Chulalongkorn University Dental Journal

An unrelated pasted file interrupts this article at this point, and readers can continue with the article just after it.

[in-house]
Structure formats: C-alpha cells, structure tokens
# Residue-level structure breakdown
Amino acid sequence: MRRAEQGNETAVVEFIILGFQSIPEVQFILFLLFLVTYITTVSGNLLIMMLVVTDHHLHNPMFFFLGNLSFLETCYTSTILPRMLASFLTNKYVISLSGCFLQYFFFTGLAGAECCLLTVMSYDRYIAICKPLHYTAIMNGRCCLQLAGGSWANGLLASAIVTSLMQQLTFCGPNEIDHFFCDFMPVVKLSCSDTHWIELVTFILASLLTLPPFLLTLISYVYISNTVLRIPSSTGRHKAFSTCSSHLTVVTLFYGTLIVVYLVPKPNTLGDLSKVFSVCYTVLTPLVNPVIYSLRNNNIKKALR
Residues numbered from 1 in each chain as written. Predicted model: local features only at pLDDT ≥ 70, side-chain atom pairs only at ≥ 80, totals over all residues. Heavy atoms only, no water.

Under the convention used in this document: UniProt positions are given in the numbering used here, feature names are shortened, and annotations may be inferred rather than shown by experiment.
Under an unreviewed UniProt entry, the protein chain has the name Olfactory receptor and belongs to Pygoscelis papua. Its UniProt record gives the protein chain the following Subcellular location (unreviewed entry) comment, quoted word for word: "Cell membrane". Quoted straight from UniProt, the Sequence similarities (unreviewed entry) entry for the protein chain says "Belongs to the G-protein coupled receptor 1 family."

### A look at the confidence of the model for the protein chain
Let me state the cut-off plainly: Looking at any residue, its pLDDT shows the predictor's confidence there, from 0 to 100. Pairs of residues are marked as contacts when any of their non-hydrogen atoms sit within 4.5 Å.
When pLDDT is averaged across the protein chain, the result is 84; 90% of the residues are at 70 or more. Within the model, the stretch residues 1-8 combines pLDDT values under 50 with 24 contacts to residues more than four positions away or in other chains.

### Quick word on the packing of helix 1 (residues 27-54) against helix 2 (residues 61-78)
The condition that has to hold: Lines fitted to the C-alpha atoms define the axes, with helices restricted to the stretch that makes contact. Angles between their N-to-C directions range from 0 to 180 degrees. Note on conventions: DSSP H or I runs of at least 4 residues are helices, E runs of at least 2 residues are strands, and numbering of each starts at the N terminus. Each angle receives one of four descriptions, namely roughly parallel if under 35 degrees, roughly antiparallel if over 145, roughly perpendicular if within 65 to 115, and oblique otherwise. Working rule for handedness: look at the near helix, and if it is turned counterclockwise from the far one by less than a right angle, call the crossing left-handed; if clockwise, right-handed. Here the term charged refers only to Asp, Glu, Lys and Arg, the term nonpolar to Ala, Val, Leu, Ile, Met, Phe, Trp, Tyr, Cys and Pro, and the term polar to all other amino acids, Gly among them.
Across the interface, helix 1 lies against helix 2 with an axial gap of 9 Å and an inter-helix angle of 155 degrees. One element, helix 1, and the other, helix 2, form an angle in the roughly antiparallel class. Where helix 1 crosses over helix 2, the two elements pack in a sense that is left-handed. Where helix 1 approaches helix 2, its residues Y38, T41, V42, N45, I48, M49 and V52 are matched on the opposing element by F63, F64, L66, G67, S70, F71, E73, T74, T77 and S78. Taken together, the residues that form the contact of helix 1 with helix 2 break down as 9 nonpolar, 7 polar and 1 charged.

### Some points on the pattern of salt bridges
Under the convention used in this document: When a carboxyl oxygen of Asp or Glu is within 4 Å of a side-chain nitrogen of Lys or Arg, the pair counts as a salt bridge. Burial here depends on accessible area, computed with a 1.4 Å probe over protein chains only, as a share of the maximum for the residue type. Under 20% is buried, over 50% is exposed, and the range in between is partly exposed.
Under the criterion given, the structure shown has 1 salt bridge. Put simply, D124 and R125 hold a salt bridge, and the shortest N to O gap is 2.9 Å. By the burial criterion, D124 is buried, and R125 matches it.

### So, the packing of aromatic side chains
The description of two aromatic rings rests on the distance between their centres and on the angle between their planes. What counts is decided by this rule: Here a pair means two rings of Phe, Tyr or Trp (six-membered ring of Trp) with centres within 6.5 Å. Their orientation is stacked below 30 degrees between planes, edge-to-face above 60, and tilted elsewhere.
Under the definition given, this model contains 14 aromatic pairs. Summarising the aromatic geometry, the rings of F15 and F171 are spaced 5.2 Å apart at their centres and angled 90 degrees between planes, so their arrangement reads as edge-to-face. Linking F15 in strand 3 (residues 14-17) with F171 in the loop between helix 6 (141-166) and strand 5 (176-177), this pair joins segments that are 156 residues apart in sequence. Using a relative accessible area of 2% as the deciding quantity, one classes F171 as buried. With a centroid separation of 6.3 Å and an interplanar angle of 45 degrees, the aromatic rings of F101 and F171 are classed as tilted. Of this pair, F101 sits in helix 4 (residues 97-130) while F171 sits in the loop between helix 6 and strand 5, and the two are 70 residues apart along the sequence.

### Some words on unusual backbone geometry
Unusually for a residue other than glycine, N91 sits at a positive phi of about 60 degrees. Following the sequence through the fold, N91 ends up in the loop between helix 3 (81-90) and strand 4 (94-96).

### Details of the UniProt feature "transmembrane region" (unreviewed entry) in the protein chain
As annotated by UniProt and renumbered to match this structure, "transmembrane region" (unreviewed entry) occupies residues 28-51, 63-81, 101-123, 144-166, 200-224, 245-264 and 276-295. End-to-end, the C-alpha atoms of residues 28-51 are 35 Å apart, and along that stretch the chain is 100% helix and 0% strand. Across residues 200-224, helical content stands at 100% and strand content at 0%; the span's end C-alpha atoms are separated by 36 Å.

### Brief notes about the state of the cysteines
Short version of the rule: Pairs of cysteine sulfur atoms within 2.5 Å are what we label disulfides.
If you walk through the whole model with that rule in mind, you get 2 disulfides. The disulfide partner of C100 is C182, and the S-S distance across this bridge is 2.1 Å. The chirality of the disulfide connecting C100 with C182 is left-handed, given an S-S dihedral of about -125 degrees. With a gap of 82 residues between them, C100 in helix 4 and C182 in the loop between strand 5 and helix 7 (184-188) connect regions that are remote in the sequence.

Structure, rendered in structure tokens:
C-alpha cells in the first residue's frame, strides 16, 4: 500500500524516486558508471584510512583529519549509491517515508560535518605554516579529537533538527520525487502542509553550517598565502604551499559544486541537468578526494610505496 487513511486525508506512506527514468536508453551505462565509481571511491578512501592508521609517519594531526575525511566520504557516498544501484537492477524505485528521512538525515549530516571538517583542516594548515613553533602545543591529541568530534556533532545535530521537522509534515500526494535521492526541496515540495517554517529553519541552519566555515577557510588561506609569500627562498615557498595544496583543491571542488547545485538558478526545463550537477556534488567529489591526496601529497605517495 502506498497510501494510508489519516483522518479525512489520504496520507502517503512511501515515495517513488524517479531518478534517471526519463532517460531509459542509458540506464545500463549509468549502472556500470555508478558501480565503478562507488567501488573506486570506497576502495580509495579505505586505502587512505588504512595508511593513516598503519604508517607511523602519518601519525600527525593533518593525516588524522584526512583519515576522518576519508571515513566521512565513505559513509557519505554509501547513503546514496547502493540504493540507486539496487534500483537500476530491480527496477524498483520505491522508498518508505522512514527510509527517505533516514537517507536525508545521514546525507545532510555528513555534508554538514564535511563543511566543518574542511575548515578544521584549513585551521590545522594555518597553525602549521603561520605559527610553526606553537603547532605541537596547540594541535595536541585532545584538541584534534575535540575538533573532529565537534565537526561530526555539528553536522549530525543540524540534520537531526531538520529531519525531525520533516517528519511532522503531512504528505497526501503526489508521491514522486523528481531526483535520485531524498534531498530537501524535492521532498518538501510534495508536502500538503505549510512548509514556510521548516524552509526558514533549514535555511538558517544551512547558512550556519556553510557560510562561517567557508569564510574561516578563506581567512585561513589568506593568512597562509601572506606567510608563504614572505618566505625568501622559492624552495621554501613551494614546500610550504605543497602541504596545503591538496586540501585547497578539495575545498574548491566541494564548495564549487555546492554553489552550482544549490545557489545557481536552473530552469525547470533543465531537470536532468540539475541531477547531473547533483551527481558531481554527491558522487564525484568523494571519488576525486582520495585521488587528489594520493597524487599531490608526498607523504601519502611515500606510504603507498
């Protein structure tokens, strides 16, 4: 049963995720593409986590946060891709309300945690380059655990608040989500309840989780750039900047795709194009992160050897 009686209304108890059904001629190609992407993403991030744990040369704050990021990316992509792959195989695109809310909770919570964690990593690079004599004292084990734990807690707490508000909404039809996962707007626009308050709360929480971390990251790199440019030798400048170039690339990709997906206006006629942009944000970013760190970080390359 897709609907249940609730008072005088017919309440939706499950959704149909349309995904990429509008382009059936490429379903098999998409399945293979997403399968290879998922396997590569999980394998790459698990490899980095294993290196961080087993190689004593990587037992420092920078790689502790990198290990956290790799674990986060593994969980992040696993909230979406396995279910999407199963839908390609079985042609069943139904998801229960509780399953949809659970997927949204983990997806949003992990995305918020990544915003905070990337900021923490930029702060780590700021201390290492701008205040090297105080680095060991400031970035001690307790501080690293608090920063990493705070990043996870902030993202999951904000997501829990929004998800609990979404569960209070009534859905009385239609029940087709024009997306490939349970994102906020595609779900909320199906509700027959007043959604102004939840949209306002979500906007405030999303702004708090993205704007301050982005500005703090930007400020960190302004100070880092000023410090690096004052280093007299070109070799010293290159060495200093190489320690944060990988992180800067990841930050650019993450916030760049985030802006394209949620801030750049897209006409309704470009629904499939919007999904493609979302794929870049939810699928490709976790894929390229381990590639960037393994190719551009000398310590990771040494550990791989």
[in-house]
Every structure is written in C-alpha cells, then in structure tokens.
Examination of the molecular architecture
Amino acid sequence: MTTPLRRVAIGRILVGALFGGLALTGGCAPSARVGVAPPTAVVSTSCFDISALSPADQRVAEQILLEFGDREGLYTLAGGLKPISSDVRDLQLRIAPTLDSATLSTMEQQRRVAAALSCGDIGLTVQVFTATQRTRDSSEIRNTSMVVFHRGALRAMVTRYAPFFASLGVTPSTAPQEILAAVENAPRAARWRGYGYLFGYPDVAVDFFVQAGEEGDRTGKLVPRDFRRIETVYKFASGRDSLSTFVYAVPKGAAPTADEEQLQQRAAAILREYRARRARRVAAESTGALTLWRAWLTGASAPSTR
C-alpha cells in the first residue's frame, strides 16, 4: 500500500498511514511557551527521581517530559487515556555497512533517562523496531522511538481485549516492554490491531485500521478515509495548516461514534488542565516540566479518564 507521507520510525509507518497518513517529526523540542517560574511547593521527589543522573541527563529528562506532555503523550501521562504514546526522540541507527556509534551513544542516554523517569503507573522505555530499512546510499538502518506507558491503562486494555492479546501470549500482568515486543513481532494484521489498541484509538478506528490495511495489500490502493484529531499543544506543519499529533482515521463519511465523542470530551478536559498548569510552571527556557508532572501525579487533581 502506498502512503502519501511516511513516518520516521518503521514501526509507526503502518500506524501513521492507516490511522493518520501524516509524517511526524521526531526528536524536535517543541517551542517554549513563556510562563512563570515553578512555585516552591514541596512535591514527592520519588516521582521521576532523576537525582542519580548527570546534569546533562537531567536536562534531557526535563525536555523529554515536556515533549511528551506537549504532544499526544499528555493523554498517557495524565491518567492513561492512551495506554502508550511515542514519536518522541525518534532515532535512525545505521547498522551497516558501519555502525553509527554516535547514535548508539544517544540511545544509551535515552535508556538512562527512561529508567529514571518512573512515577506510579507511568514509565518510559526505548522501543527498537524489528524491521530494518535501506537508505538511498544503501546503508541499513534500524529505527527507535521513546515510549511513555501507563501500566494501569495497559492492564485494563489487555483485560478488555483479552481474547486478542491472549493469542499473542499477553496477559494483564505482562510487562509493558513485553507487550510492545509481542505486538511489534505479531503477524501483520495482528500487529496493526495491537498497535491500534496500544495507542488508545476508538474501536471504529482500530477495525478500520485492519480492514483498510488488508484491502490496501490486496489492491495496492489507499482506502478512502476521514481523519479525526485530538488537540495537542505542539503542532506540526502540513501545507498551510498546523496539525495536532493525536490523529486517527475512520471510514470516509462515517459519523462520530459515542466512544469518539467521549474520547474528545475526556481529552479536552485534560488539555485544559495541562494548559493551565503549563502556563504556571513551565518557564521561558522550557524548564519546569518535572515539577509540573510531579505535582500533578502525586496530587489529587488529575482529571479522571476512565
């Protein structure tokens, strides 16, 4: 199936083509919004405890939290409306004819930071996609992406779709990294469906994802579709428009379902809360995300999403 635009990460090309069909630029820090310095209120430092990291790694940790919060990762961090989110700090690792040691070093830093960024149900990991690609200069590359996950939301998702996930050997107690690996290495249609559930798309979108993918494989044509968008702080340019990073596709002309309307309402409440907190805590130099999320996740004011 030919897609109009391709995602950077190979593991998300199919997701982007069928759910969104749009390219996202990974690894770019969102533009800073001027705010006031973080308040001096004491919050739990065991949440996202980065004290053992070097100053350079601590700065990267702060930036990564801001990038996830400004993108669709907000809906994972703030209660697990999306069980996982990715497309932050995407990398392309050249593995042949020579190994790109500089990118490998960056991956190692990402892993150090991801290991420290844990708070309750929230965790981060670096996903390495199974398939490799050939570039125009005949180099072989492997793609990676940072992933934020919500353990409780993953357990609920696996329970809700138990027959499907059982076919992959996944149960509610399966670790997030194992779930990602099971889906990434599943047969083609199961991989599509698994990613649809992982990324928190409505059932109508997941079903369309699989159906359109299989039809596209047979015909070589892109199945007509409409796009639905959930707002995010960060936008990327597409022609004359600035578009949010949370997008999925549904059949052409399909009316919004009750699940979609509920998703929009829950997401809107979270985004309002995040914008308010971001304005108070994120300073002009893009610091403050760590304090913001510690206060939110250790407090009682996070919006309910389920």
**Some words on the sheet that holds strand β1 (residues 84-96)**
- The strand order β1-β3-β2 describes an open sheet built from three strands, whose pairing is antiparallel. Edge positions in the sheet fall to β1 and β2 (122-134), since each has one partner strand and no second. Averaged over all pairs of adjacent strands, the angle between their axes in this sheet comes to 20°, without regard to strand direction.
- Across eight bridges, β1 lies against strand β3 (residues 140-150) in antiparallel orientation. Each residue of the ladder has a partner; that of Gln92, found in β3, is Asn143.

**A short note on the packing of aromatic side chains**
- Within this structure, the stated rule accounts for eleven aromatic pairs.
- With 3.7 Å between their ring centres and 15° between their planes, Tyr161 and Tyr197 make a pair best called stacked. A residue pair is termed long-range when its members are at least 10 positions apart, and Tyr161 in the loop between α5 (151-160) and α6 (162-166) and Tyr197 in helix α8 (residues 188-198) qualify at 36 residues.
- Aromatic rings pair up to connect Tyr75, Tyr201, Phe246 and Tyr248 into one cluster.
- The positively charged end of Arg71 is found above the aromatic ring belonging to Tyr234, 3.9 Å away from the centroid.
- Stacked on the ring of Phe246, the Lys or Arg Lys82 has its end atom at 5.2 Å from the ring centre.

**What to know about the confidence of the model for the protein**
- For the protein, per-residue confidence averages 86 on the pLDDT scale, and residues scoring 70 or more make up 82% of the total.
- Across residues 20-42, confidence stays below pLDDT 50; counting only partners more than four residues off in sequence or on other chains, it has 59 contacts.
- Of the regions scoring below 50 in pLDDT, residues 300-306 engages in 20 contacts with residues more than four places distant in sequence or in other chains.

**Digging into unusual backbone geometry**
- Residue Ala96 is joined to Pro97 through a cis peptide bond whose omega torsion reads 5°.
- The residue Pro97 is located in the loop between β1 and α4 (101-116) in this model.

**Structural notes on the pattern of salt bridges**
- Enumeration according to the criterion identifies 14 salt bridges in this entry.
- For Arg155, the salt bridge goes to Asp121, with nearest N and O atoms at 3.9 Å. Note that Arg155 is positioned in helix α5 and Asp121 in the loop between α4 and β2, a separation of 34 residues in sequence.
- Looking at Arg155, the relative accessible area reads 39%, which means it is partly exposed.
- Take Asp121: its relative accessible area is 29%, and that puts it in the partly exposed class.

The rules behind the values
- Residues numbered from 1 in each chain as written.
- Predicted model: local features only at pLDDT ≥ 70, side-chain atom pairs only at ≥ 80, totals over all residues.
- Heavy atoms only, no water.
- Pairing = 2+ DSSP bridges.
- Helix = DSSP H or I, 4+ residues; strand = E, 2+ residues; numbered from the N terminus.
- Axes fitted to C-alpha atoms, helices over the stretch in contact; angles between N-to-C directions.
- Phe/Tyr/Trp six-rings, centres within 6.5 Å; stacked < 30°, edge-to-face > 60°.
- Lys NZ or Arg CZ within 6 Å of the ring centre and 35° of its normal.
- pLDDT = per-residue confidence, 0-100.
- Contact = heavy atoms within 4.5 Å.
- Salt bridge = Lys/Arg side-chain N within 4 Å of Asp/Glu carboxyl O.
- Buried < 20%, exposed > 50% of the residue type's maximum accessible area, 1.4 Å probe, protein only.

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It is well known that pain in animal models is difficult to measure. c-Fos, the protein product of the cellular immediate-early proto-oncogene gene, c-fos, can be activated in neuronal cells by noxious sensory stimuli including chemical irritation, mechanical, thermal, and electrical stimulation. The expression of c-Fos provides researchers with a tool by which the processing of somatosensory information, particularly nociception, from the craniofacial regions can be better understood. c-Fos is widely used as an indirect marker of neuronal activation after noxious stimulation in dental pain research, including in the trigeminal nervous system as activated by craniofacial or orofacial stimulation. Anatomical mapping of neurons activated by craniofacial stimulation can be used as a tool to analyze the neural circuitry through which nociceptive information is transmitted, and as an assay for the analgesic properties of various therapeutics. c-Fos expression can be correlated with behavioral and electrophysiological studies and with the expression of other pain markers such as calcitonin gene-related peptide or dynorphin. This narrative review intends as a primer on c-Fos and focuses on research in which c-Fos has been used as a marker in animal models of dental and craniofacial pain. We have sought to highlight recent advancement in the use of c-Fos as a marker of pain among the multitude of studies currently published and discuss the strengths and limitations of using this marker.



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